1st Gear: In 2008, drivers panicked and changed their spending habits when prices hit $3.50. On Friday, March 4, the national average price was $3.46. Why no panic now? Easy, because U.S. consumers are stupid. Paul Taylor, chief economist for the National Automobile Dealers Association, says gasoline will now have to reach $4.50 a gallon before consumers change auto buying habits significantly. We're like that frog in a pot, and the water temperature's being turned up ever-so-slowly, aren't we?
2nd Gear: Delivery of Hyundai's initial offering to dealerships of Sonata Hybrids has been delayed until at least late March because the Korean automaker is altering the car's device that emits an artificial engine noise at low speeds. Countless dozens of potential buyers will just have to wait a few more weeks.
3rd Gear: BMW has posted this official teaser video for the new M5 on its YouTube channel. The video features a lightly disguised prototype of the new super saloon, interspersed with comments from BMW's M Division boss, Kay Segler. Or, you know, you could just hang out at your local mall.
4th Gear: Six new "global" engine families — three gasoline and three diesel — will be introduced by General Motors in the next two years to meet more stringent fuel economy demands and tougher emissions regulations, starting in Europe. The simplified range of engines will be engineered with wider torque and power bands for broader applications. Oh, and by "global" GM apparently means "not all markets will take those engines, and they may continue to do their own thing." Gag.
5th Gear: Despite telling us this week at the Geneva Motor Show they were too focused on European sales to worry about the U.S. market, Ssangyong Motor Co., a Korean SUV specialist now controlled by Indian automaker and aborted pickup truck-importer Mahindra, plans to sell vehicles in the United States in two to five years, Chairman Yoo Lee told Automotive News. Yeah, right, I'll believe it when I see it. And no, the SUT1 doesn't count.
6th Gear: Toyota Motor Corp., which traditionally gets most of its profit in the U.S., will outline a strategy for growth in emerging markets in a 10-year plan the Japanese automaker is set to release this week, two people familiar with the plan said. You know, the same plan that every automaker's pursuing. Jeez, it's like Toyota's so good at learning from other automakers' choices, they're even using that skill with their own business plan.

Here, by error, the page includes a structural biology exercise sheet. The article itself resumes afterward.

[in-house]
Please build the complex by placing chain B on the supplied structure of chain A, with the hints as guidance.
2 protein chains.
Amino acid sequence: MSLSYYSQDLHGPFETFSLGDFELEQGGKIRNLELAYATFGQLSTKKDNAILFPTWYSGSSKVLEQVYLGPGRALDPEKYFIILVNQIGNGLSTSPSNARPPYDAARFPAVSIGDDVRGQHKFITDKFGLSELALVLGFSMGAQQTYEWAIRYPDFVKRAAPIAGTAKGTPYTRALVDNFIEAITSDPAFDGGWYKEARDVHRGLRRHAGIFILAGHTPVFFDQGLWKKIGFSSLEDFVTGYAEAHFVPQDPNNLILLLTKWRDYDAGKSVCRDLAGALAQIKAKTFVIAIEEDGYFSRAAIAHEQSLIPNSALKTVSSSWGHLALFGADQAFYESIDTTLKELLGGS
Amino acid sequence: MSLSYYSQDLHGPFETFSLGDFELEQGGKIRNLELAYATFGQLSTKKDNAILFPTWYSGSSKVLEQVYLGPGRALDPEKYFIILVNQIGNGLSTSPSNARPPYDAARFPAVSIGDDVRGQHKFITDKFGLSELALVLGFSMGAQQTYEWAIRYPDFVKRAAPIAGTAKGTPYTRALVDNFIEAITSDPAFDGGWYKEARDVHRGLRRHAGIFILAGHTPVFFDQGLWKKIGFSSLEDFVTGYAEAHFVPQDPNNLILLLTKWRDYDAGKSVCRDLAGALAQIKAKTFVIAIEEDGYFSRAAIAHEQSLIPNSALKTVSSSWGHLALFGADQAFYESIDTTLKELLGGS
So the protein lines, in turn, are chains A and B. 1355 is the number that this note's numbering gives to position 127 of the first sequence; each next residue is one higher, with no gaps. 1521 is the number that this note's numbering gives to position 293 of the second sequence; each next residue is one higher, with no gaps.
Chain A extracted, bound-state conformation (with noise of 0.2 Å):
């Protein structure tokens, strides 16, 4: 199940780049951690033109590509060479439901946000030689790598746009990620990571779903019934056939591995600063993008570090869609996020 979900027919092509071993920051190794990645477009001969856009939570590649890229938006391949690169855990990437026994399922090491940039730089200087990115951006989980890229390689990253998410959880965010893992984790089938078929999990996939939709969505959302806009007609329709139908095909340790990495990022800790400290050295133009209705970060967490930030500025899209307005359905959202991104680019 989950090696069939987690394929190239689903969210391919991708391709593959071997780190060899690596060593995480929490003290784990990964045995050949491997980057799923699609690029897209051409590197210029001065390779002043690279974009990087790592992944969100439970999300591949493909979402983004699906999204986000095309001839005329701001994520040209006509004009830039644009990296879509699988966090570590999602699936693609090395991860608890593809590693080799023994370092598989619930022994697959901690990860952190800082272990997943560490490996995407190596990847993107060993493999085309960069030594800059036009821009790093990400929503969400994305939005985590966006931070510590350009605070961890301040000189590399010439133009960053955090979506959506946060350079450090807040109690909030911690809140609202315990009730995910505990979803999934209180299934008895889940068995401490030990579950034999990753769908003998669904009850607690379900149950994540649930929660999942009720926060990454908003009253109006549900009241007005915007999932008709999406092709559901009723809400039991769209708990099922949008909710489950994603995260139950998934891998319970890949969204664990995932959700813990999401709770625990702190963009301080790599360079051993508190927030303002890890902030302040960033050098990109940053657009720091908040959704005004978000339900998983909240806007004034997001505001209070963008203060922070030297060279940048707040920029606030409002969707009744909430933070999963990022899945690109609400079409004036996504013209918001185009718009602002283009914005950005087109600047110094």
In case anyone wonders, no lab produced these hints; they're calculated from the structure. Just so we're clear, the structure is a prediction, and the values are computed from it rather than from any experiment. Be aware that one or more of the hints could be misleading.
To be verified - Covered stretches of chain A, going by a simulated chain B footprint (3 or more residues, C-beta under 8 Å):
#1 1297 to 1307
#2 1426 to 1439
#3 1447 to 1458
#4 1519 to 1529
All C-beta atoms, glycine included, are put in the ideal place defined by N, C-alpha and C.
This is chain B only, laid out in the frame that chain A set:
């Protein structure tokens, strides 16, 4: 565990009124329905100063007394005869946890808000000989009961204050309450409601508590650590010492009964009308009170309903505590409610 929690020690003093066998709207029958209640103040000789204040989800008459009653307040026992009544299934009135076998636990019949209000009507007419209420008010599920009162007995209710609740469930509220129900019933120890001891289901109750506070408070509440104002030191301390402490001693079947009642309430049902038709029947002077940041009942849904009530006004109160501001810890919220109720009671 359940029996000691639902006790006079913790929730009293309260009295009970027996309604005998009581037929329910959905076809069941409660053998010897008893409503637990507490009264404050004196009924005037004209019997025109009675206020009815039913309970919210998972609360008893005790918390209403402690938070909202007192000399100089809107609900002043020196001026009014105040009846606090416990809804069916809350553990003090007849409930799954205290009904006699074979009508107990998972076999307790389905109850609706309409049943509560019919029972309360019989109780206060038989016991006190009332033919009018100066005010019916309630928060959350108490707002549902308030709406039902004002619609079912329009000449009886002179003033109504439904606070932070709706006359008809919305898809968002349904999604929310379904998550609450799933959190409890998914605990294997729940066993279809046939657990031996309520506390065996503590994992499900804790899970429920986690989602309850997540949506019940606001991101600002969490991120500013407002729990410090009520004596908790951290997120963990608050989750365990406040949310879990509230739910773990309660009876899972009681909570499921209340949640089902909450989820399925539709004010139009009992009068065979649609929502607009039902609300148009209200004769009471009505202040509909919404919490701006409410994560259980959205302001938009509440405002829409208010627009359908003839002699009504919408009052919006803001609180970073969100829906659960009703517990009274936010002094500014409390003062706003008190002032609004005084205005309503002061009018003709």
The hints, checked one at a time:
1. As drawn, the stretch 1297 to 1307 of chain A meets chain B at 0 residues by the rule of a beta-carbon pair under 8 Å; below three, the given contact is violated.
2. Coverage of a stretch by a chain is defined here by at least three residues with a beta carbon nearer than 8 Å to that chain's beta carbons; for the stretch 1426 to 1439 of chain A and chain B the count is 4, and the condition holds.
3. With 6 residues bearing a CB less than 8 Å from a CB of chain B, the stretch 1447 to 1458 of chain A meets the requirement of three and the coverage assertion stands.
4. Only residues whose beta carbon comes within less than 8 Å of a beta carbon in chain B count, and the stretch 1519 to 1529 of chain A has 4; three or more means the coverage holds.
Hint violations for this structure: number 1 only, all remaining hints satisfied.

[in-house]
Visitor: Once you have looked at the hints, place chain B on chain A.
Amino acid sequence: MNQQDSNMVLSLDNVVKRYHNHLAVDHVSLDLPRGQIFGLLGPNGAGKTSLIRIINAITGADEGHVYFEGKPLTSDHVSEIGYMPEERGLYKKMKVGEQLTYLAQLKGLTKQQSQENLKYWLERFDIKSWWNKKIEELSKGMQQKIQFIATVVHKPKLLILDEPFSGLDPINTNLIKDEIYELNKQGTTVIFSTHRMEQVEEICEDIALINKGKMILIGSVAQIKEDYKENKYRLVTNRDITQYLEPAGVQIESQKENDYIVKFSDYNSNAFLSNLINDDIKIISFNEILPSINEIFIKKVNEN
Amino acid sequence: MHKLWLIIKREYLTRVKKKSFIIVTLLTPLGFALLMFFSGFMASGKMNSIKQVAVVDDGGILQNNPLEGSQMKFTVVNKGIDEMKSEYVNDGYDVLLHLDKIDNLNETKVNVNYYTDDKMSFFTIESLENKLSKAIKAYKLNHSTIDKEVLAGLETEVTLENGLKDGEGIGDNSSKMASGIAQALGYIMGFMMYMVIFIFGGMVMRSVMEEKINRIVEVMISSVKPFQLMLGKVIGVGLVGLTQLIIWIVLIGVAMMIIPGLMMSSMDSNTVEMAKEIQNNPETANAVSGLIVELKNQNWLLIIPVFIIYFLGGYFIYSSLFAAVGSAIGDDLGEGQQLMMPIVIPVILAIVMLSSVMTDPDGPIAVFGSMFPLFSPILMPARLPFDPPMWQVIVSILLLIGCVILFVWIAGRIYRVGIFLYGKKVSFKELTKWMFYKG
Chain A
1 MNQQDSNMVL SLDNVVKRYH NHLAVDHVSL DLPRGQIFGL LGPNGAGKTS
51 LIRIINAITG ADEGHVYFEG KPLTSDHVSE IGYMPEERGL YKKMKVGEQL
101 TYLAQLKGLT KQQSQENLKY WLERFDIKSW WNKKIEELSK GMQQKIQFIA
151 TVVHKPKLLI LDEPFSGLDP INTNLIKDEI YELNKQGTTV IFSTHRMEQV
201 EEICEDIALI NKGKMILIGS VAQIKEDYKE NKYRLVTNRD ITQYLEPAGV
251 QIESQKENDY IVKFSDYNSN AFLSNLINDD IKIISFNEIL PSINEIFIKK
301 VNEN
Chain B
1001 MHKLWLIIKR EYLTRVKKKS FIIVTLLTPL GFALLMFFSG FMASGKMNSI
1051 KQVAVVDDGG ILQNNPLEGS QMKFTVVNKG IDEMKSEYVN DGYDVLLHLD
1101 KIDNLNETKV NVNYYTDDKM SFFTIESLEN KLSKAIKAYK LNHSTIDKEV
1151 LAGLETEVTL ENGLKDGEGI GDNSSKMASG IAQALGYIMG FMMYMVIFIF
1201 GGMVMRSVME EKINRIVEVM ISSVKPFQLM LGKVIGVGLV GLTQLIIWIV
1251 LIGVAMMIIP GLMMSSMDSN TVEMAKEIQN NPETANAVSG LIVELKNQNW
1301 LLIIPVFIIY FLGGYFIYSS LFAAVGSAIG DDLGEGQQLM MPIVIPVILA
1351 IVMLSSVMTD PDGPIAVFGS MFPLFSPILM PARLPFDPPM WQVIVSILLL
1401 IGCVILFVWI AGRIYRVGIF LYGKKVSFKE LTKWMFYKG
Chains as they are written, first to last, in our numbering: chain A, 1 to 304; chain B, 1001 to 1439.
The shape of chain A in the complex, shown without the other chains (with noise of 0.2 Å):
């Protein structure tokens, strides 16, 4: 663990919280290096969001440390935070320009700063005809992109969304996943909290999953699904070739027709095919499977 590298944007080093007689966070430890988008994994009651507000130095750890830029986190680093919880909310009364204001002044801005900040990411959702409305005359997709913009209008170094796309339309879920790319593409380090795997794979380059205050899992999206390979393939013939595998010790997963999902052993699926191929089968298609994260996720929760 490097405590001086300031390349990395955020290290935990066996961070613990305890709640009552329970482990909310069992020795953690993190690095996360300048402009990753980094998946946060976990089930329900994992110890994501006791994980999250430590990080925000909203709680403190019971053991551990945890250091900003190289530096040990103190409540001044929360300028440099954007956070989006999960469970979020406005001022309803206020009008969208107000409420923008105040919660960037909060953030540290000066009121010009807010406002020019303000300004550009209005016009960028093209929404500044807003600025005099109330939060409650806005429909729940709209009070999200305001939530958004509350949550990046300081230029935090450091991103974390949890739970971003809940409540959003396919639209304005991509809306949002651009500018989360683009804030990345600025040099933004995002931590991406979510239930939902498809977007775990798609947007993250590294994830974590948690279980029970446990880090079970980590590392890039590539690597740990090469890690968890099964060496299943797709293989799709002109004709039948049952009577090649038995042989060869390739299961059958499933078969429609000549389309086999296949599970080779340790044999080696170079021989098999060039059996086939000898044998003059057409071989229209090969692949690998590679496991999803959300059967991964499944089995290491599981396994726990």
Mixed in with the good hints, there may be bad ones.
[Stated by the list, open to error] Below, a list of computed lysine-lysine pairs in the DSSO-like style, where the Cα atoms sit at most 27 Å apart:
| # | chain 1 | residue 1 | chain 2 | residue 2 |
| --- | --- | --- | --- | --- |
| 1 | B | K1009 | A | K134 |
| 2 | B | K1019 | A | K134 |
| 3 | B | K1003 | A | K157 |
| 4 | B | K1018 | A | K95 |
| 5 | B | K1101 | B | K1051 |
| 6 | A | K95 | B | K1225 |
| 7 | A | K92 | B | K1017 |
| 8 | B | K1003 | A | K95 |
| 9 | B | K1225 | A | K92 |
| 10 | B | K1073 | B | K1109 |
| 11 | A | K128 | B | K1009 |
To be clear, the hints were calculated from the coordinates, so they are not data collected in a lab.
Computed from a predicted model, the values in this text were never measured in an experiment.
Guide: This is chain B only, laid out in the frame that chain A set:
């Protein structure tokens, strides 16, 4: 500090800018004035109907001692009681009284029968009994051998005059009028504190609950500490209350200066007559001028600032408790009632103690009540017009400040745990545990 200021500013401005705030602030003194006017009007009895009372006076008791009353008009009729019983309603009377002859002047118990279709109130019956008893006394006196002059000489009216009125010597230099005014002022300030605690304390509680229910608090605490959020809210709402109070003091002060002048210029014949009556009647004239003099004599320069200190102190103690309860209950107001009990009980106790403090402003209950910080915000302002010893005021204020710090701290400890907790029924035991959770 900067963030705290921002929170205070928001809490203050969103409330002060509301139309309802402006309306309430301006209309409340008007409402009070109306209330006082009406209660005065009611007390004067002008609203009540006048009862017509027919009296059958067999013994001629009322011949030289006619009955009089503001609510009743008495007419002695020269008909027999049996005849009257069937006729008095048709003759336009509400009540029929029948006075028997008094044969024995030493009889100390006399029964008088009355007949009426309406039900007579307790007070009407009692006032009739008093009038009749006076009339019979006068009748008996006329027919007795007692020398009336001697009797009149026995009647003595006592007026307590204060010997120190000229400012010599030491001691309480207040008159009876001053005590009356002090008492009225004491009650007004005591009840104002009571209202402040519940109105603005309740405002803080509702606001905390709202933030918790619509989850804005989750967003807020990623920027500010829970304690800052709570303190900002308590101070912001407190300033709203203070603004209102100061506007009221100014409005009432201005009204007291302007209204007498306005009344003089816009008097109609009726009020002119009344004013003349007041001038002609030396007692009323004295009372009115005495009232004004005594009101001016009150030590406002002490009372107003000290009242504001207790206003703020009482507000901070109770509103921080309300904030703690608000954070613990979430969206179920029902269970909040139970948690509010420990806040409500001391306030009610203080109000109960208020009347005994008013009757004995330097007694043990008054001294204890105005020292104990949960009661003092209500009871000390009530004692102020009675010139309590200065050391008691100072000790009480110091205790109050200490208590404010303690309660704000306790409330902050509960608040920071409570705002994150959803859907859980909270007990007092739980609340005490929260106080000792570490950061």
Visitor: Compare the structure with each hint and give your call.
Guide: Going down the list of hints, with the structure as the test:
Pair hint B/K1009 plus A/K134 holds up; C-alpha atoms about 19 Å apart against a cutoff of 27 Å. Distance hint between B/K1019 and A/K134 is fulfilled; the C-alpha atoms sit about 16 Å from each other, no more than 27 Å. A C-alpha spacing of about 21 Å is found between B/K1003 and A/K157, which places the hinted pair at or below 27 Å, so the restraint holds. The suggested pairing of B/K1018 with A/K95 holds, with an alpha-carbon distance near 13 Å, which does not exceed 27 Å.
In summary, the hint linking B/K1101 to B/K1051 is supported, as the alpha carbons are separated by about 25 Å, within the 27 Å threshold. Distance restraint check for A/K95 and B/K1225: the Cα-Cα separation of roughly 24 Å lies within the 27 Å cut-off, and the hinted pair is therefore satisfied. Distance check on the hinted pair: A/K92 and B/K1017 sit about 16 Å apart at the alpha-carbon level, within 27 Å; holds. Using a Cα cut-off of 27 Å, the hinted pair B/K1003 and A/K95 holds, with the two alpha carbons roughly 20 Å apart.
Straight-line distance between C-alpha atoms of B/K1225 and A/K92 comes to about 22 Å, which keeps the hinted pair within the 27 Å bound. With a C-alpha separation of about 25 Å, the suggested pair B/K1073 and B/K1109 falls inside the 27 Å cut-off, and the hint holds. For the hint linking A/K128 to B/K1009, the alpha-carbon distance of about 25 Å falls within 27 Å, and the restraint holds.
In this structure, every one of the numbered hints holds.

⏎ It looks as though it may be the end of the line for the 'ring taxi. Does this mean Sabine needs a job? We'll hire you! [Bridge To Gantry]
⏎ NHTSA drops rule for power window safety auto-reverse function. [Consumer Reports]
⏎ Wow, Ford's even doing a "Drive One" style schlocky video campaign with the Ford Police Interceptor. I can't believe any media outlet's going to fluff Ford with a story on this. Oh, wait... I know of one. [Ford]
⏎ There's no evidence of spying at Renault. [Drive.com.au]
⏎ Some E-Types are more valuable than others. [New York Times]
⏎ Chrysler's targeting commercial vans... again. You know what might have worked better? Not letting Mercedes steal Sprinter. [Detroit News]
⏎ Malaysian automaker Proton's signed a tech-sharing deal with Nissan. [Drive.com.au]
⏎ Alberto Granado, the man who accompanied Argentine-born revolutionary Ernesto "Che" Guevara on a motorcycle romp across South America in the 1950s, died this week in Cuba at the age of 88. [BBC]
⏎ Michael Bay says 'Transformers 2' was "crap." No shit. Really? [Yahoo! Movies]
Today in Automotive History:
On this day in 1938, Janet Guthrie, the first woman to compete in the Indianapolis 500 and Daytona 500 races, is born in Iowa City, Iowa. [History]
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